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21 October 2019

Drifting in the new Supra with the 'Drift King' himself - Keiichi Tsuchiya

By Tom WhiteTom White
Who better to show us the limits of the new Supra?

For JDM fans, or even just motorsport fans in general, Keiichi Tsuchiya should need no introduction.

The illegal street racer  turned legit motorsport legend, the man who popularised drifting, made the AE86 Corolla famous outside the underground scene, and the 'Drift King' himself, Tsuchiya seems a natural fit for Toyota’s new rear-drive Supra.

So, it really is major bucket-list stuff when Toyota offers you a two-lap drift ride-along with him at Sydney Motorsport Park.

Naturally, the car on offer was a Toyota Supra, but there was nothing special about it at all. This is a road-going, road-registered Supra, with no modifications other than aftermarket wheels and drift tyres.

The Supra was one of the more popular cars people were ogling at in the pit lane, despite being completely stock. The Supra was one of the more popular cars people were ogling at in the pit lane, despite being completely stock.

The event? It was the quiet before the automotive storm that is the World Time Attack Challenge. The world renowned event that draws teams from far and wide to see how much they can extract from some of the world's favourite tuning cars before they start losing pistons through the bonnet.

While it was relatively tame on the day before, our Supras were still easily the quietest cars in the paddock, dwarfed by even modded-up MX-5s undergoing shakedowns.

But this was a unique opportunity to see the new Supra pushed to its limits, and to see what a man so familiar with Toyota performance cars past and present really thinks of it.

Once suited up (for the unlikely event where our road-going Supra burst into flame) the lap started off with no words, just thumbs up and sudden acceleration out of the pit lane.

The Supra is quiet, but composed, and that BMW-straight six is silky smooth, Tsuchiya taking it almost to the red line with each shift.

Those familiar with SMSP will know the very first hairpin lends itself to drift, and Tsuchiya immediately puts his credentials on show, waiting till the very last second to hammer the brakes, tilt the car, and promptly mash the throttle.

For what felt like a full minute (but still somehow over too quickly…) the Supra was in a glorious, tyre-torturing, almost 90-degree-to-the-corner slide.

The man doesn’t give up. To him, even the smallest, mildest kink in the track is an opportunity to test the car. To see if he can flick it just enough to break traction and sneak in a little slide.

KT doesn't disappoint, living up to his 'Drift King' legend with ease. KT doesn't disappoint, living up to his 'Drift King' legend with ease.

By the second lap, the Supra was protesting. The brakes were hot, and even from the passenger seat, you could tell the pedal had become long. Couple that with the fact that the tyres had endured 11-ish corners of sliding or attempted sliding, and the heat (and subsequently, grip) had built up.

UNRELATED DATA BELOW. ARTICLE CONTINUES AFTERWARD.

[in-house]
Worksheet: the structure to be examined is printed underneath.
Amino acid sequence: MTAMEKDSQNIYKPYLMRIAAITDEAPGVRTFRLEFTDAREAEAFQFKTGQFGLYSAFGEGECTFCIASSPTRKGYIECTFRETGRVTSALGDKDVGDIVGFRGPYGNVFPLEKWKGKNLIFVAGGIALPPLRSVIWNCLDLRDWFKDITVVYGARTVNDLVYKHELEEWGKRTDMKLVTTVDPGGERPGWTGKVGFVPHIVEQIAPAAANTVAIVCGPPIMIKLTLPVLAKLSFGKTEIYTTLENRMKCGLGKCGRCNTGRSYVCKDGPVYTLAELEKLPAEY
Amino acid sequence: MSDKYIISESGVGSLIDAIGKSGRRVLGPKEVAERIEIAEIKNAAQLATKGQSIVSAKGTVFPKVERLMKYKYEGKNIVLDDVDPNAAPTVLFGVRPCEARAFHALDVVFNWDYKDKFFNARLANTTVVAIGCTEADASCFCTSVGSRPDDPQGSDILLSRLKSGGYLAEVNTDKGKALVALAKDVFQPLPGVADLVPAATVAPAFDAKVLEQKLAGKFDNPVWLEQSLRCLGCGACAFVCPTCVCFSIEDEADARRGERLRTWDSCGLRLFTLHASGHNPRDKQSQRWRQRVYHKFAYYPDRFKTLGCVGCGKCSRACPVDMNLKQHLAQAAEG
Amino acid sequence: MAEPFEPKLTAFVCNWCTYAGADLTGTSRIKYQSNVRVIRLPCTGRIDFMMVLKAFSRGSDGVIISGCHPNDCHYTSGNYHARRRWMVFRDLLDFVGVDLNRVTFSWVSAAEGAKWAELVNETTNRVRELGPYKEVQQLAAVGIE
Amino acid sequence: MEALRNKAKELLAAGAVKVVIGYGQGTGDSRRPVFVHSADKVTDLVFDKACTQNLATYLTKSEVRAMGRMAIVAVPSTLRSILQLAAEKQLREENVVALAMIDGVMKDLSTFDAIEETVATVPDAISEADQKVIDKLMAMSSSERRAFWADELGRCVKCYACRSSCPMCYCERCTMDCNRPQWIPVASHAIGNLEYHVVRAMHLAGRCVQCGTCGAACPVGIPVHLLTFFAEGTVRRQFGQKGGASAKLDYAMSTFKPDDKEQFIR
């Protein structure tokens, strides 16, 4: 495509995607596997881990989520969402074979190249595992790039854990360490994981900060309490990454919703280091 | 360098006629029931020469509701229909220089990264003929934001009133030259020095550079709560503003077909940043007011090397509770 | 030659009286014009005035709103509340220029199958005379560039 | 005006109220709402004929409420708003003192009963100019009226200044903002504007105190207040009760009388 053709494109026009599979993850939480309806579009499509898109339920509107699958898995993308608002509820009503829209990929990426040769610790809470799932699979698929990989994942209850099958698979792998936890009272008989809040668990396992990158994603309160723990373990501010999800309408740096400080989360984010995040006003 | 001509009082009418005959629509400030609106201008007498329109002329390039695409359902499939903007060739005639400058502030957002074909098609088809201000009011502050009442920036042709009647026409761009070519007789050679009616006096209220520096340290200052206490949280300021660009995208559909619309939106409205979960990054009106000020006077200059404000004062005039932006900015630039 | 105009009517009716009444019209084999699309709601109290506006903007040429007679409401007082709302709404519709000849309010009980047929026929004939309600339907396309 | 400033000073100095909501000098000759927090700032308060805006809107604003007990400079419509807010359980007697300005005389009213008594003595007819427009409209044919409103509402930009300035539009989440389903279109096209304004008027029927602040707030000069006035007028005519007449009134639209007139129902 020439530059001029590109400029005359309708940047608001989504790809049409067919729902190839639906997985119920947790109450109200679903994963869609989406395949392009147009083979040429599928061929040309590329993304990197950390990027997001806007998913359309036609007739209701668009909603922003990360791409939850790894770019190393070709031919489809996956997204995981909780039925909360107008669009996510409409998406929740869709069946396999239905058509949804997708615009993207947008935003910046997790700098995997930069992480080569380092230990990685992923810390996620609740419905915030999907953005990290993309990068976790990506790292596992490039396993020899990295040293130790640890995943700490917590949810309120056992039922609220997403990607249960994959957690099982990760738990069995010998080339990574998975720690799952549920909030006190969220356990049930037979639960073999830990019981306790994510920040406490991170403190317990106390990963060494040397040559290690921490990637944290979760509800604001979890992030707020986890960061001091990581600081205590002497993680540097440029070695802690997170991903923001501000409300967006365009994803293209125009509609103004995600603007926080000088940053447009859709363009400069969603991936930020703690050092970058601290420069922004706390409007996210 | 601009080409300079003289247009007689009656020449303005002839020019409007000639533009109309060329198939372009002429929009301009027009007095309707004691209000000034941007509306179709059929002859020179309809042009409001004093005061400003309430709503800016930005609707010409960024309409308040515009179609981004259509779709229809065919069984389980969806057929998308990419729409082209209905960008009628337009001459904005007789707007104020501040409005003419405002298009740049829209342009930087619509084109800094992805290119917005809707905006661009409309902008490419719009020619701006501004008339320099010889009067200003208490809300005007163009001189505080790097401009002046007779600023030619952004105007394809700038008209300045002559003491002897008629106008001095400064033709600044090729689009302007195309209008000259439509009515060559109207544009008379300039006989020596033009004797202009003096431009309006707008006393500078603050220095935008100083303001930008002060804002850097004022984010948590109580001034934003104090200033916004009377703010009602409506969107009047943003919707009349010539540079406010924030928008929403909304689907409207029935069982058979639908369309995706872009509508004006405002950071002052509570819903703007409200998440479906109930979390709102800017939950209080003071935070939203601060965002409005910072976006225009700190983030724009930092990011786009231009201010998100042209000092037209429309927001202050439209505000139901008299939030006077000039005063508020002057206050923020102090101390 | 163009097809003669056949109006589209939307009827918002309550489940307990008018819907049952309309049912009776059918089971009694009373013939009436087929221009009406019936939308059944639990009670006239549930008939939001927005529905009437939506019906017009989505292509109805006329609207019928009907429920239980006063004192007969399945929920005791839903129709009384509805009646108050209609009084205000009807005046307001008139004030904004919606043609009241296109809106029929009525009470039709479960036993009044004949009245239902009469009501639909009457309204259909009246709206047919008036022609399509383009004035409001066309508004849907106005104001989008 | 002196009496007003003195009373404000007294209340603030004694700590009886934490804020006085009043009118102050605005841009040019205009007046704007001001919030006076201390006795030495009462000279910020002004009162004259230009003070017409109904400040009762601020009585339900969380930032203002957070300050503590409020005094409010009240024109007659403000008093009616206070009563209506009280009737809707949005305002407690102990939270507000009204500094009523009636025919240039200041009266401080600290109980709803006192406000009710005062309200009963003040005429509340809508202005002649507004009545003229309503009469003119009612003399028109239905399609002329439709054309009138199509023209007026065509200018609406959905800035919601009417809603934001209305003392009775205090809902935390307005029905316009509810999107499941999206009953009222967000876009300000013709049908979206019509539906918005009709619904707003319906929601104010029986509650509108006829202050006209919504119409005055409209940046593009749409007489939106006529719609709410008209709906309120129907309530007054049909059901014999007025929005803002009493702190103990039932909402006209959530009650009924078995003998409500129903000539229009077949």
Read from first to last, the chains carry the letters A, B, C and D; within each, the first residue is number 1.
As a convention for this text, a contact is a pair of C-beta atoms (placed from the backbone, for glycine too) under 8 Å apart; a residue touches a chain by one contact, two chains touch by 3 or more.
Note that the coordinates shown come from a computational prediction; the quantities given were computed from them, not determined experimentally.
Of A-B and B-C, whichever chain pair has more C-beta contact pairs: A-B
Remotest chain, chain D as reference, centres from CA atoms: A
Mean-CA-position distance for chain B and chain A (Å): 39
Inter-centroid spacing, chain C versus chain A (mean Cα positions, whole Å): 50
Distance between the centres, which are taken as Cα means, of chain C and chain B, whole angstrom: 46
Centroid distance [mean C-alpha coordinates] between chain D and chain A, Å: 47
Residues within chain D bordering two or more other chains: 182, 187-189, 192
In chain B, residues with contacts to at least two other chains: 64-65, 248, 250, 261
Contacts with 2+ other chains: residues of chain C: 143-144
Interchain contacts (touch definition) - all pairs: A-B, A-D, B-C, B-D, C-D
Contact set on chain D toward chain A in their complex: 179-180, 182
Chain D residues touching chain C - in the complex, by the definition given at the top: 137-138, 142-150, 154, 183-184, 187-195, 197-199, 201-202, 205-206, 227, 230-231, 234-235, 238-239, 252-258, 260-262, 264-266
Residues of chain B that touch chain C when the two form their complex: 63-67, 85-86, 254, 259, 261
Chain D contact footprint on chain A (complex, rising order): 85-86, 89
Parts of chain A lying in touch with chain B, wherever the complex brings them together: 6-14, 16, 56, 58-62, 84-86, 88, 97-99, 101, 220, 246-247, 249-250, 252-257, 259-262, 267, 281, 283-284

No worries, according to Tsuchiya, who simply made best use of the rumble strips, or the drop-off at the very edge of the track to force the sticky rear rubber to leave the ground for just long enough to get the car’s gravity to shift.

“Very balanced!” was his only remark during the drive.

Thankfully we had a brief moment to hit Keiichi with some questions before he had to rush of to set up a drift stage.

KT had just a moment to chat before needing to set up a drift stage. KT had just a moment to chat before needing to set up a drift stage.

TW: Having driven both, how does the new Supra compare to the previous one?

KT: The previous Supra, the A80, is lower. You can start sliding it at a lower speed. The new one has a lot more grip. This means you can drift at much higher speeds. It’s a better balanced platform.

TW: Did it throw you any surprises you didn’t expect?

KT: Since grip is much higher, you get a lot more feedback from this car, it’s not as scary as the previous Supra. The balance lets you keep control at much higher speeds.

TW: I’ve heard a manual prototype A90 Supra exists. Have Toyota given you the chance to drive it?

KT: I haven’t seen it yet. But a manual would be much better, with a handbrake. That would be a lot of fun!

TW: If you were talking to someone who wanted to learn to drift, what car would you recommend they start with?

KT: Hachi-Roku [this needed no translation…]. AE86 is the best but starting with a 2.0L rear-drive is necessary. From there, you want to move to a turbo before you take on a straight-six.

Tsuchiya noted the 2.0-litre turbo version of the new Supra, available in Japan, was a good stepping stone, too, as it was light and agile. Much more so than the straight-six available in Australia. Easier to learn on and understand the principles of the chassis.

If our drift lap and the chat with Tsuchiya left us with anything, it was a strong desire to try it for ourselves… Maybe next time!